When a group of Broadway folk got together onstage at Lincoln Center to record the songs of Stephen Sondheim's "Follies" before a live audience last September, no one anticipated that the house would be sold out within three hours.
But TV producer Ellen Krass-- who specializes in bringing live theater events to the tube ("The Gin Game," "Sweeney Todd")--sensed the importance of what was coming. If she hadn't, we wouldn't be seeing "Follies" Friday night on PBS. (See adjoining review by Dan Sullivan.)
Pandemonium was one of the words used to describe the event. Perhaps the response came simply from a hunger to experience "Follies" again, a musical ahead of its time.
Perhaps it was a longing to see some familiar and admired faces and hear old voices that had a skimpy chance of being heard in the theater now.
Or perhaps it was a deep reaction of pleasure at seeing something live again in an era where experience is conducted on tape, and tape replay; where art becomes product.
Whatever it was, Krass sniffed it.
"Barbara Ragan, my associate producer, called to say the re-mounting of the cast album was going to take place," Krass said on the telephone from New York. "I'd always been a gigantic Sondheim fan. I called Herbert Ross, who directed, and told him I wanted to tape it.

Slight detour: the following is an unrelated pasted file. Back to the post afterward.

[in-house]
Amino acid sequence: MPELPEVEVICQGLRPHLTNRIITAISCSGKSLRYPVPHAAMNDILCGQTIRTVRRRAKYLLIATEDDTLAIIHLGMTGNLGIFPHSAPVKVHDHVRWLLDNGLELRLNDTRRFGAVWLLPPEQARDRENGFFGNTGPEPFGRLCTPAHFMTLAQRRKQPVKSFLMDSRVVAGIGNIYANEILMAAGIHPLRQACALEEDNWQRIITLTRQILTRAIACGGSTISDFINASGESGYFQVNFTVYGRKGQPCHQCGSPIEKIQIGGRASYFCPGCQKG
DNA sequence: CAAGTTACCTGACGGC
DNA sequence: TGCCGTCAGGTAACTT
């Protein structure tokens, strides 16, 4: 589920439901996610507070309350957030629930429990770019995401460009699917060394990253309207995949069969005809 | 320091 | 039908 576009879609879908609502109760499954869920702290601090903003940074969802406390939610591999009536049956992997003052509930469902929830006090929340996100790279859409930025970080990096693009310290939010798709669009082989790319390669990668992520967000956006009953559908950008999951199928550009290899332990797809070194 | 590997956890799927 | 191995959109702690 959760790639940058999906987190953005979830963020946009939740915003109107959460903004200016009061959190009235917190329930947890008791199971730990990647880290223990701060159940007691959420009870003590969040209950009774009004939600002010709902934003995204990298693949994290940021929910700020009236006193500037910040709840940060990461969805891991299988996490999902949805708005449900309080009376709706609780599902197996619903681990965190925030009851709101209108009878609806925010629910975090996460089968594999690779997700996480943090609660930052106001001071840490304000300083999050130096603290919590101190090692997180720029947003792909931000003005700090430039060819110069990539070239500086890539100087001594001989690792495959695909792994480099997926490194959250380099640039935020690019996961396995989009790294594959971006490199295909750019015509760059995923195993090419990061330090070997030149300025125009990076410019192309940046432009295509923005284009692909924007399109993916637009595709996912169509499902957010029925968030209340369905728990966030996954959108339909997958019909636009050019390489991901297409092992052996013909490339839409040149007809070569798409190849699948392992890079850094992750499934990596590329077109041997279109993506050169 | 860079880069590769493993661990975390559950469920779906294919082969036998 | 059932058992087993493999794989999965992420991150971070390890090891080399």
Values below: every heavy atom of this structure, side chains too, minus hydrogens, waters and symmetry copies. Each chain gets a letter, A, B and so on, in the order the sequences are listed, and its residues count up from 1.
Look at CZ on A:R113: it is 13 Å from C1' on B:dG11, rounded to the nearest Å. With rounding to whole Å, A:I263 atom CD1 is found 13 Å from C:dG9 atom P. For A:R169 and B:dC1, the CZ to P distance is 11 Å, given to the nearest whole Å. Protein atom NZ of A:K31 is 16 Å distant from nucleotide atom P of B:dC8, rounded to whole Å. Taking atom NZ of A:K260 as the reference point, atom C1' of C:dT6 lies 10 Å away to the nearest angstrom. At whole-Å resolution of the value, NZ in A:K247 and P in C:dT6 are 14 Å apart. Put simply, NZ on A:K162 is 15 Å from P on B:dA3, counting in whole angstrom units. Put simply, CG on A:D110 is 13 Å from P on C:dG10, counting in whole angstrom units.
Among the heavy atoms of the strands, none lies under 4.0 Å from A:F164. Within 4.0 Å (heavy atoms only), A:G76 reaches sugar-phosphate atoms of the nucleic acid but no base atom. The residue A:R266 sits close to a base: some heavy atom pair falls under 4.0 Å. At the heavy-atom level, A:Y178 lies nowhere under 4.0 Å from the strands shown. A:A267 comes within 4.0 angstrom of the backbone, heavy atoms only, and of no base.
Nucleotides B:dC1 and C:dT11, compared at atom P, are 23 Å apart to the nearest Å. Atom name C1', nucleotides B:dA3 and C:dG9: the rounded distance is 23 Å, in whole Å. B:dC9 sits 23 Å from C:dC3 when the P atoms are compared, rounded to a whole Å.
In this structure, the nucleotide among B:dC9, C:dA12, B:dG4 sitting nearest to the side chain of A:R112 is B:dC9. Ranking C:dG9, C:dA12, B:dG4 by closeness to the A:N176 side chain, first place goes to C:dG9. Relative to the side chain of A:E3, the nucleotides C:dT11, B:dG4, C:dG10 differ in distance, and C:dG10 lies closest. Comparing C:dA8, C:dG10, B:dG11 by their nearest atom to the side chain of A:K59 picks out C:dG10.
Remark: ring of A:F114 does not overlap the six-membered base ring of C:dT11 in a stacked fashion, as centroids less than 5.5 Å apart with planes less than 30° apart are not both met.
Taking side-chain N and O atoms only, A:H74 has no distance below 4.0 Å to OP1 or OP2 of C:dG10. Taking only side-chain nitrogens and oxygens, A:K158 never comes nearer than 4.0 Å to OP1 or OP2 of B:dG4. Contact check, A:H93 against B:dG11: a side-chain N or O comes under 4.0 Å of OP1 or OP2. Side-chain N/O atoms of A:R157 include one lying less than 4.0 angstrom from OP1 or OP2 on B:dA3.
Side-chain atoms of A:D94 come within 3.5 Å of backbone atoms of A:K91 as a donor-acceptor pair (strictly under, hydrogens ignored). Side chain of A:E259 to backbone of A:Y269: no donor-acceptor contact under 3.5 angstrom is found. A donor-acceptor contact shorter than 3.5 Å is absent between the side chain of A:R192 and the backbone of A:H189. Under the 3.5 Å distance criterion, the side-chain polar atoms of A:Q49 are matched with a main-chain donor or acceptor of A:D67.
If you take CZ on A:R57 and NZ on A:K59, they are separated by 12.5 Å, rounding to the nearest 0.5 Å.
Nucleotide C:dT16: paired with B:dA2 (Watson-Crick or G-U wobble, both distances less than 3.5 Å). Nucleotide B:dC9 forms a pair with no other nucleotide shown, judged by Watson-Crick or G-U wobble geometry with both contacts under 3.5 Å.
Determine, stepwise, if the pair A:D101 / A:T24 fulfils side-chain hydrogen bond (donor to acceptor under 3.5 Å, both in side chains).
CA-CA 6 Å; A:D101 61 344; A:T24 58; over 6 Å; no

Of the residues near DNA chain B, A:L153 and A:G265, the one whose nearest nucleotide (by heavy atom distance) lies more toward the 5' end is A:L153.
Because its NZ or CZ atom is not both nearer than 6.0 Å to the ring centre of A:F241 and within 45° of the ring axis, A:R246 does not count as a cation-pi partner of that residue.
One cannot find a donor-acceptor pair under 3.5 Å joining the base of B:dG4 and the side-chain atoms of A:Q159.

"He said no. A week later, he called back to say that he'd become intrigued with the idea. We chatted and chatted, and talked and talked, and finally agreed. But even with everyone's cooperation, this was not an easy thing to do. There just wasn't very much money."
(At first she declined to give figures, but later said the tape had been produced for under $300,000. Her budget for the TV version of "Sweeney Todd" was just under $1 million.)
"The talent onstage worked for scale. But we had the unions to deal with; and the Philharmonic, which only works in two-hour clips, must be paid $11,000 for those two hours. That's why we decided to take 12 songs and follow them through rehearsal to final performance."
Did it work? Krass sounded satisfied over the phone.
"I think everybody felt a sense of history. We had four little cameras and an English crew under Michael Houldey's direction, walking around shouting. No one seemed concerned about the final product. It was as if everyone knew what it would be.
"Elaine Stritch brought the house down. And when Stephen Sondheim walked out onstage at the end, the audience was in an uproar. I've been going to the theater since I was 8 years old. I don't think I've ever seen anything like this."